The Kiev meeting took place in shorter than one week after Russian Minister of Foreign Affairs and his Ukrainian colleague had met in Moscow and discussed the Transnistria topic.
Russian Federation’s Representative at the Transnistrian conflict negotiations, Ambassador-at-Large Valery Nesteroushkin, and Ukrainian President’s Special Representative for Transnistrian settlement, Victor Kryzhanovsky, held a consultative meeting in Kiev (Ukraine).
They focused their main attention on the present-day situation in the breakaway region and on practical questions of interaction between the international mediators [Russia, Ukraine, the OSCE] and mediators [the European Union and the United States] on resuming the negotiation process with participation of political representatives from the Republic of Moldova and Transnistria.
The Kiev meeting between Nesteroushkin and Kryzhanovsky took place in shorter than one week after Russian Minister of Foreign Affairs Sergey Lavrov and his Ukrainian colleague Peter Poroshenko had met in Moscow and discussed the Transnistria topic.
Poroshenko regards his country’s relations with Moldova and the problems faced by Transnistria as issues very important for Ukraine because the country’s next-door neighbor, Transnistria, continues to be a so-called ‘hot spot’ – a problematic, explosive formation with an internationally unrecognized government and a large number of local residents having the Ukrainian citizenship.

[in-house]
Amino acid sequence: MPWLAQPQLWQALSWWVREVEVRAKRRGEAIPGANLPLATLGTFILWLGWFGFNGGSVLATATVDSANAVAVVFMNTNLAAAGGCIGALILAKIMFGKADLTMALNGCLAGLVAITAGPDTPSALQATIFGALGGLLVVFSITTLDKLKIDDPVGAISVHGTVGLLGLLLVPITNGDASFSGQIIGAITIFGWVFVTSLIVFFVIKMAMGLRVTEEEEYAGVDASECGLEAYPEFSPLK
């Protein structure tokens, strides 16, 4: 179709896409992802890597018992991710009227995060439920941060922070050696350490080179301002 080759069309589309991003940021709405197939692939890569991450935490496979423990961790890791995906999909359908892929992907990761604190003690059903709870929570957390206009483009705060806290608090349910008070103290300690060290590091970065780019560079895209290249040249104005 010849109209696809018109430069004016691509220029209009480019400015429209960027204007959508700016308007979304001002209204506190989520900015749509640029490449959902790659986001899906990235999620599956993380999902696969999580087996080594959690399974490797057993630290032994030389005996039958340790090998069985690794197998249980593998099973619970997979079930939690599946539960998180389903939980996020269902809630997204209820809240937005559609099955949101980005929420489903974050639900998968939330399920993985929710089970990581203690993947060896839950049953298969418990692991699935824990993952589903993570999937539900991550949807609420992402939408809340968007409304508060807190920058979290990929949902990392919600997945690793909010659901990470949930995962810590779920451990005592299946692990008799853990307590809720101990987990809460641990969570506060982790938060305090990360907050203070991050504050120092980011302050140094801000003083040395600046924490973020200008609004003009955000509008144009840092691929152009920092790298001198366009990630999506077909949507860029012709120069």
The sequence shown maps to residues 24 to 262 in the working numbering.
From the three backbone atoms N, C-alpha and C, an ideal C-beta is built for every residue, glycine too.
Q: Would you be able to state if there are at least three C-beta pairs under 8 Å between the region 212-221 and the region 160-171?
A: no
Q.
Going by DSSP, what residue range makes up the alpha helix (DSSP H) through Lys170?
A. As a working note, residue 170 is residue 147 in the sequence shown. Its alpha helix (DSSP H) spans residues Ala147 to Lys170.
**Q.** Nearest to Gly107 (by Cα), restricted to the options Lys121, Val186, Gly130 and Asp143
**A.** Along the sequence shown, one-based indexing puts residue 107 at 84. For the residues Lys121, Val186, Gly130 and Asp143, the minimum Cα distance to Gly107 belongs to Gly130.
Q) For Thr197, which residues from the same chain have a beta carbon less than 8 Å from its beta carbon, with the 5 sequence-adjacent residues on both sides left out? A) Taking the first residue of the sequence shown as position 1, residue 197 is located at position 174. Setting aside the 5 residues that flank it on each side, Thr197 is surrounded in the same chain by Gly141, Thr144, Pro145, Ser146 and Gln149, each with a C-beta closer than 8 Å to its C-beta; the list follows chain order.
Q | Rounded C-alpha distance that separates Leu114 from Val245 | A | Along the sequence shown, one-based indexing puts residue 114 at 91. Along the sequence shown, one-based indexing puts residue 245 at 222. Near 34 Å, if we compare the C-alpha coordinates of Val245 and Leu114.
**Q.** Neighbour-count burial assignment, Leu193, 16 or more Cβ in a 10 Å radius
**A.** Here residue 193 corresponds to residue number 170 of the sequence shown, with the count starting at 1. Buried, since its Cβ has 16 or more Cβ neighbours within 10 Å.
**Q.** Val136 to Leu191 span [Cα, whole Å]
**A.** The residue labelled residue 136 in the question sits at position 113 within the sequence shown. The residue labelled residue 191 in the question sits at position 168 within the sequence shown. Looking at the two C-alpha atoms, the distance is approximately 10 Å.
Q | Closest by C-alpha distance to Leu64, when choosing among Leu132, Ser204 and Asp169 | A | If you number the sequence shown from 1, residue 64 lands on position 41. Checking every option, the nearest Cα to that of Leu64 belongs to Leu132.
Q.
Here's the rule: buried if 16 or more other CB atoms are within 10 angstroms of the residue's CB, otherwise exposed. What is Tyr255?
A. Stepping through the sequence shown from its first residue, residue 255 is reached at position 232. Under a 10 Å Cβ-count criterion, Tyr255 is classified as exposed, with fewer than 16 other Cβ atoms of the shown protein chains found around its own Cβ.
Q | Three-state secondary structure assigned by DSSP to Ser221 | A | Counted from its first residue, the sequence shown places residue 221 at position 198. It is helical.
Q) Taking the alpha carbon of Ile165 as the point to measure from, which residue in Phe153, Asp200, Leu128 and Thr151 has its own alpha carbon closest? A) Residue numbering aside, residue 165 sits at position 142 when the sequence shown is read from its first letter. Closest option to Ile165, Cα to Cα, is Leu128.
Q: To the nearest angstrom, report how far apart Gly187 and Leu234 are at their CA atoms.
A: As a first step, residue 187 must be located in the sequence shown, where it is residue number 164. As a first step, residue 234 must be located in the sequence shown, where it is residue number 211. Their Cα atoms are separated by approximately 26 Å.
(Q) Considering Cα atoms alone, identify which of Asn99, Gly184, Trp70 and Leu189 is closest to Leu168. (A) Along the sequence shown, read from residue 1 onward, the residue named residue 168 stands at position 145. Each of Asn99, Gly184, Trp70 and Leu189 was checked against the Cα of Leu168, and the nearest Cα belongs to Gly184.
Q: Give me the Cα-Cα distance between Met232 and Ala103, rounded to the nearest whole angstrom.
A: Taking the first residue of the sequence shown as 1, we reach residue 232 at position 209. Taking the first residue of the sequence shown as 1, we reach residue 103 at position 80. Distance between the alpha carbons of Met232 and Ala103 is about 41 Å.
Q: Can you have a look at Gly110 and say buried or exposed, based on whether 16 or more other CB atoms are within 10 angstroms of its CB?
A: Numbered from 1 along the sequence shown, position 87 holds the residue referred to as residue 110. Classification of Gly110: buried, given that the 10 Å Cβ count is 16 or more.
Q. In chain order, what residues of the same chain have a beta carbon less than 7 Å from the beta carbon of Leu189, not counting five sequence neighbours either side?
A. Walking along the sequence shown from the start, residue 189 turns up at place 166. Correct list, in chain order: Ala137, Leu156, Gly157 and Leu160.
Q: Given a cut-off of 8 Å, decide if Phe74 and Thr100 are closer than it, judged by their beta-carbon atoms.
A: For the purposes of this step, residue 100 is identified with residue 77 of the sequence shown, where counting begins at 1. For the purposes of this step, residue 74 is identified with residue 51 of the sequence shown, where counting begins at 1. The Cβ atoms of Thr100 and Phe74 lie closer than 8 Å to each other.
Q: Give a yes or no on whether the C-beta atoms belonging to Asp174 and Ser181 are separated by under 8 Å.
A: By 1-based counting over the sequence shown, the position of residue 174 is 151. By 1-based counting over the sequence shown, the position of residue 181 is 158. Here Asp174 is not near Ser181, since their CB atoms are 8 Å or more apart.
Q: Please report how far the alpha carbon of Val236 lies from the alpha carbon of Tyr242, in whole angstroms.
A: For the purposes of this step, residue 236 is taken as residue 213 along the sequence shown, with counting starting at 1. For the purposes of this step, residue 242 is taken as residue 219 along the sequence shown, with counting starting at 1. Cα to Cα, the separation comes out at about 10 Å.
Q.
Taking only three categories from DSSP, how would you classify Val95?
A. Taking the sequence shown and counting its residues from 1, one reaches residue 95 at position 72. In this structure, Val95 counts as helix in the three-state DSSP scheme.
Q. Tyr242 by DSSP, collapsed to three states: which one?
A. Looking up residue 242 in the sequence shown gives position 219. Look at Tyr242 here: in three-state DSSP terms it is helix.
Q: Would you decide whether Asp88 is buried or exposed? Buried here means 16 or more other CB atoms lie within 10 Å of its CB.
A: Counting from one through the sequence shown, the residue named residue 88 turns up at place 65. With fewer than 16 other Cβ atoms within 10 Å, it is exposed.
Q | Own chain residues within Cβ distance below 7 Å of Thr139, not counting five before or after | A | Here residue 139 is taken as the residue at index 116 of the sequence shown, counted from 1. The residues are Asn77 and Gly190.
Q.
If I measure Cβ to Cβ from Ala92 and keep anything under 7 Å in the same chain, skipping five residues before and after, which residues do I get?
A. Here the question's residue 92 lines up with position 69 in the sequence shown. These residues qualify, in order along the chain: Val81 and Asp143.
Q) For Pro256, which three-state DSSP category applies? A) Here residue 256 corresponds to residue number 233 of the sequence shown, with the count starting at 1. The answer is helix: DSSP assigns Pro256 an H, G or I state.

In his recent interview with Echo of Moscow radio, Poroshenko remarked that in 2005 Ukraine and Russia used to have a very constructive dialog on an agreed-on overcoming the Transnistrian crisis.
“Now we have agreed upon a return to the practice of joint coordination of efforts to settle the Transnistria conflict. I am not ruling out that our Russian-Ukrainian groups may work out proposals on a commission in a format acceptable for both Chisinau and Tiraspol, because they have stated today the 5+2 format is acceptable to them. I am not ruling out the adoption of agreed-on statements that would promote the solution of this conflict. Its chief victims are the residents of Transnistria. They have the lowest living standards. They suffer serious restrictions of their rights and freedoms, for instance the freedom of movement. Besides this, there are tremendous military warehouses stuffed with [Russian] ammunition in Transnistria, and we systematically hear a constantly repeated thesis about [Tiraspol’s] policy of arms smuggling and arms exports… We cannot indeed tolerate such a threat to our security remaining next to our border”, said the Ukrainian foreign minister.
He stressed Ukraine is interested in resolving this problem and regards Russia as its partner in coordination of efforts aimed at problem resolution.